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5. The month that changed the world: Thursday, 30 July 1914

July 1914 was the month that changed the world. On 28 June 1914, Archduke Franz Ferdinand was assassinated, and just five weeks later the Great Powers of Europe were at war. But how did it all happen? Historian Gordon Martel, author of The Month That Changed The World: July 1914, is blogging regularly for us over the next few weeks, giving us a week-by-week and day-by-day account of the events that led up to the First World War.

By Gordon Martel


As the day began a diplomatic solution to the crisis appeared to be within sight at last. The German chancellor had insisted that Austria agree to negotiate directly with Russia. While Germany was prepared to fulfill the obligations of its alliance with Austria, it would decline ‘to be drawn wantonly into a world conflagration by Vienna’. Bethmann Hollweg was also promising to support Sir Edward Grey’s proposed conference to mediate the dispute. He told the Austrians that their political prestige and military honour could be satisfied by an occupation of Belgrade. They could enhance their status in the Balkans while strengthening themselves against the Russians through the humiliation of Serbia.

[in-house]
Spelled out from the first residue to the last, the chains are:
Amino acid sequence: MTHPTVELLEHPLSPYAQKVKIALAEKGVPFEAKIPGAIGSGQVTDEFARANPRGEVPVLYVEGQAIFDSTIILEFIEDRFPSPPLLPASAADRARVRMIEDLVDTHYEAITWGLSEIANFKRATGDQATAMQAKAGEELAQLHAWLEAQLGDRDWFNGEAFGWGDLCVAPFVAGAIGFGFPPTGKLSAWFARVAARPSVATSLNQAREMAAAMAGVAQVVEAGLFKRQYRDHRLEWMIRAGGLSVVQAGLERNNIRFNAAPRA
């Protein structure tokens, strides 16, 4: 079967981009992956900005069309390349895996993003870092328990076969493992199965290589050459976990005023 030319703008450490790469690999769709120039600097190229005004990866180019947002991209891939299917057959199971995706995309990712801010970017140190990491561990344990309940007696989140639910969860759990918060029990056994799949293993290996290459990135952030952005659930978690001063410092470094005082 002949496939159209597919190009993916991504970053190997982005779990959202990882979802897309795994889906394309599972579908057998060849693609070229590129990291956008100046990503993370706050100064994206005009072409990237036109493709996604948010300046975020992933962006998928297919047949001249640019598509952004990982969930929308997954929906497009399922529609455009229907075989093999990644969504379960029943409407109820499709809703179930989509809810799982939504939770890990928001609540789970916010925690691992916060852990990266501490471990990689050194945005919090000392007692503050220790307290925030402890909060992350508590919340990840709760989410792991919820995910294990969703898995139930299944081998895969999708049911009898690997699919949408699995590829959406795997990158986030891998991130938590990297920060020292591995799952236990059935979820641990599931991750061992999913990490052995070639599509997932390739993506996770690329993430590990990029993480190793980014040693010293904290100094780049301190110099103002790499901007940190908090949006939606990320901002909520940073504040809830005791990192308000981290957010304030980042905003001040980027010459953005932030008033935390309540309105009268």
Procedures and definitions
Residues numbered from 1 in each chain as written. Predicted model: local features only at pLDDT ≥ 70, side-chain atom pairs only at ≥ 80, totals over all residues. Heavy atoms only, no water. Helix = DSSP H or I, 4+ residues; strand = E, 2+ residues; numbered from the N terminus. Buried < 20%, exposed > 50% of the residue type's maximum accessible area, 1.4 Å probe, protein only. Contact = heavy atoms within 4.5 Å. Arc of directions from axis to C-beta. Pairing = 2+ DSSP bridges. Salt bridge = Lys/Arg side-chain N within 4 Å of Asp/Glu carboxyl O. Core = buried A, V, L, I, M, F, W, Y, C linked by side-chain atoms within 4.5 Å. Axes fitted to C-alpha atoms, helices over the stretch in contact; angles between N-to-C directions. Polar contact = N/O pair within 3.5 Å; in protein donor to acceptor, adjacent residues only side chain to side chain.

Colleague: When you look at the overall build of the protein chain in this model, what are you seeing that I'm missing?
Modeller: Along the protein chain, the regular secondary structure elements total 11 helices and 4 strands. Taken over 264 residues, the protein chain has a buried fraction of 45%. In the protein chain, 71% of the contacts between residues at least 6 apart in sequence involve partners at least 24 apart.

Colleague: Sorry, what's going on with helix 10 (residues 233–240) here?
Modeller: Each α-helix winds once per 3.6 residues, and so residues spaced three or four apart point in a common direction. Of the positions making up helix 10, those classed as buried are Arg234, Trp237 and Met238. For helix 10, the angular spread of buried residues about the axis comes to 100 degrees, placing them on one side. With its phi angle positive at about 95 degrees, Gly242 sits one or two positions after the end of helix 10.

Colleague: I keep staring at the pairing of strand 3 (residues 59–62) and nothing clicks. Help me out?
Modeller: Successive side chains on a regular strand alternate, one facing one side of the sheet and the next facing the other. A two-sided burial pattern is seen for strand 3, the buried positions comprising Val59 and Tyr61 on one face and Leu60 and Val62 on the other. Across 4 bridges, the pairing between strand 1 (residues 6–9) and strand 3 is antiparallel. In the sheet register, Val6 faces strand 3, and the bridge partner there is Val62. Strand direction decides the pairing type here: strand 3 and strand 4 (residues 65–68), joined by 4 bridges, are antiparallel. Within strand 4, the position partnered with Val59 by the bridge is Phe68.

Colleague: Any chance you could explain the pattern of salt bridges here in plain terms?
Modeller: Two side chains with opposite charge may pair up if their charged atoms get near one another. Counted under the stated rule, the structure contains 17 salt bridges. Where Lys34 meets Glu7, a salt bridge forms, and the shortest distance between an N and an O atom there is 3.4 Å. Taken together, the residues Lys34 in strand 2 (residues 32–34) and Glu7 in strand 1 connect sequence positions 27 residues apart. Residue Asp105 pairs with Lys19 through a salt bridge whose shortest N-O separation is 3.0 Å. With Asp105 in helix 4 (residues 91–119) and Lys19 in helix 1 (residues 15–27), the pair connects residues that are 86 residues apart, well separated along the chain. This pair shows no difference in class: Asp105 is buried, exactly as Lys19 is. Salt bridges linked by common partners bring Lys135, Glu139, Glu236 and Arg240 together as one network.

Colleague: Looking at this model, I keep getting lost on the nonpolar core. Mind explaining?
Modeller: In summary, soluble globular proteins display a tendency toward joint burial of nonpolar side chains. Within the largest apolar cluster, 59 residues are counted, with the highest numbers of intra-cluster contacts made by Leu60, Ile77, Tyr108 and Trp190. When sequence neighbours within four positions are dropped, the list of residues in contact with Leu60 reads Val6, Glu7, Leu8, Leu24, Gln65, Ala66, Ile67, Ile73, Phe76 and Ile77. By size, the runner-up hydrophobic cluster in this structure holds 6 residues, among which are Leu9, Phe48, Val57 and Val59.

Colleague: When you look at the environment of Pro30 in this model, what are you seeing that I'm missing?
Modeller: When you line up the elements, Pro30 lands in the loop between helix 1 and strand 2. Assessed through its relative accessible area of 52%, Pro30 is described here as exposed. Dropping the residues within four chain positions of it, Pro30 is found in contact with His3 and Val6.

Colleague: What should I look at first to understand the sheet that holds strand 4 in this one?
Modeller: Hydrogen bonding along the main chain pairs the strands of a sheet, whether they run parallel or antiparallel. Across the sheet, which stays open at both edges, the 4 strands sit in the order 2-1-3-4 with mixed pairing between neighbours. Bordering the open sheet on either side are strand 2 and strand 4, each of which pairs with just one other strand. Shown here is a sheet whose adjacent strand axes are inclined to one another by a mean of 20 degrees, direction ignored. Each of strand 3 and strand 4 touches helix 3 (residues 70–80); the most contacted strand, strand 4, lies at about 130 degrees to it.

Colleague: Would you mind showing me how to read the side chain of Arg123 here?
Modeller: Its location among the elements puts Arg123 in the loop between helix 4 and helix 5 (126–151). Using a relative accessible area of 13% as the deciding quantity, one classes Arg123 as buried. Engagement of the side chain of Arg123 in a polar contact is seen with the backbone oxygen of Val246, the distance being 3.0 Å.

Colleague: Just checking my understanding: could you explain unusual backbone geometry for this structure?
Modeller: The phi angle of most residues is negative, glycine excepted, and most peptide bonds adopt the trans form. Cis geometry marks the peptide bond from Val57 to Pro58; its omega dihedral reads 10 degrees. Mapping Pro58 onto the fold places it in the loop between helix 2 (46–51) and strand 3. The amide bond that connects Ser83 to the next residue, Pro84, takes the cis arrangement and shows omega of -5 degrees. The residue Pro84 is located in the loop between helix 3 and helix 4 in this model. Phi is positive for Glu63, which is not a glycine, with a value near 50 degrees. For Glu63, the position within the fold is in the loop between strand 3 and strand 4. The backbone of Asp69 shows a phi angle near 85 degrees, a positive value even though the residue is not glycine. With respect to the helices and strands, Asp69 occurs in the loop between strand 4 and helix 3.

But a third initiative, the direct line of communication between the Kaiser and the Tsar, was running aground. Attempting to reassure Wilhelm, Nicholas explained that the military measures now being undertaken had been decided upon five days ago – and only as a defence against Austria’s preparations. ‘I hope from all my heart that these measures won’t in any way interfere with your part as mediator which I greatly value.’

Theobald von Bethmann Hollweg, Chancellor of the German Empire, 1909-1917. Public domain via Wikimedia Commons.

Theobald von Bethmann Hollweg, Chancellor of the German Empire, 1909-1917. Public domain via Wikimedia Commons.

Wilhelm erupted. He was shocked to discover first thing on Thursday morning that the ‘military measures which have now come into force were decided five days ago’. He would no longer put any pressure on Austria: ‘I cannot agree to any more mediation’; the Tsar, while requesting mediation, ‘has at the same time secretly mobilized behind my back’.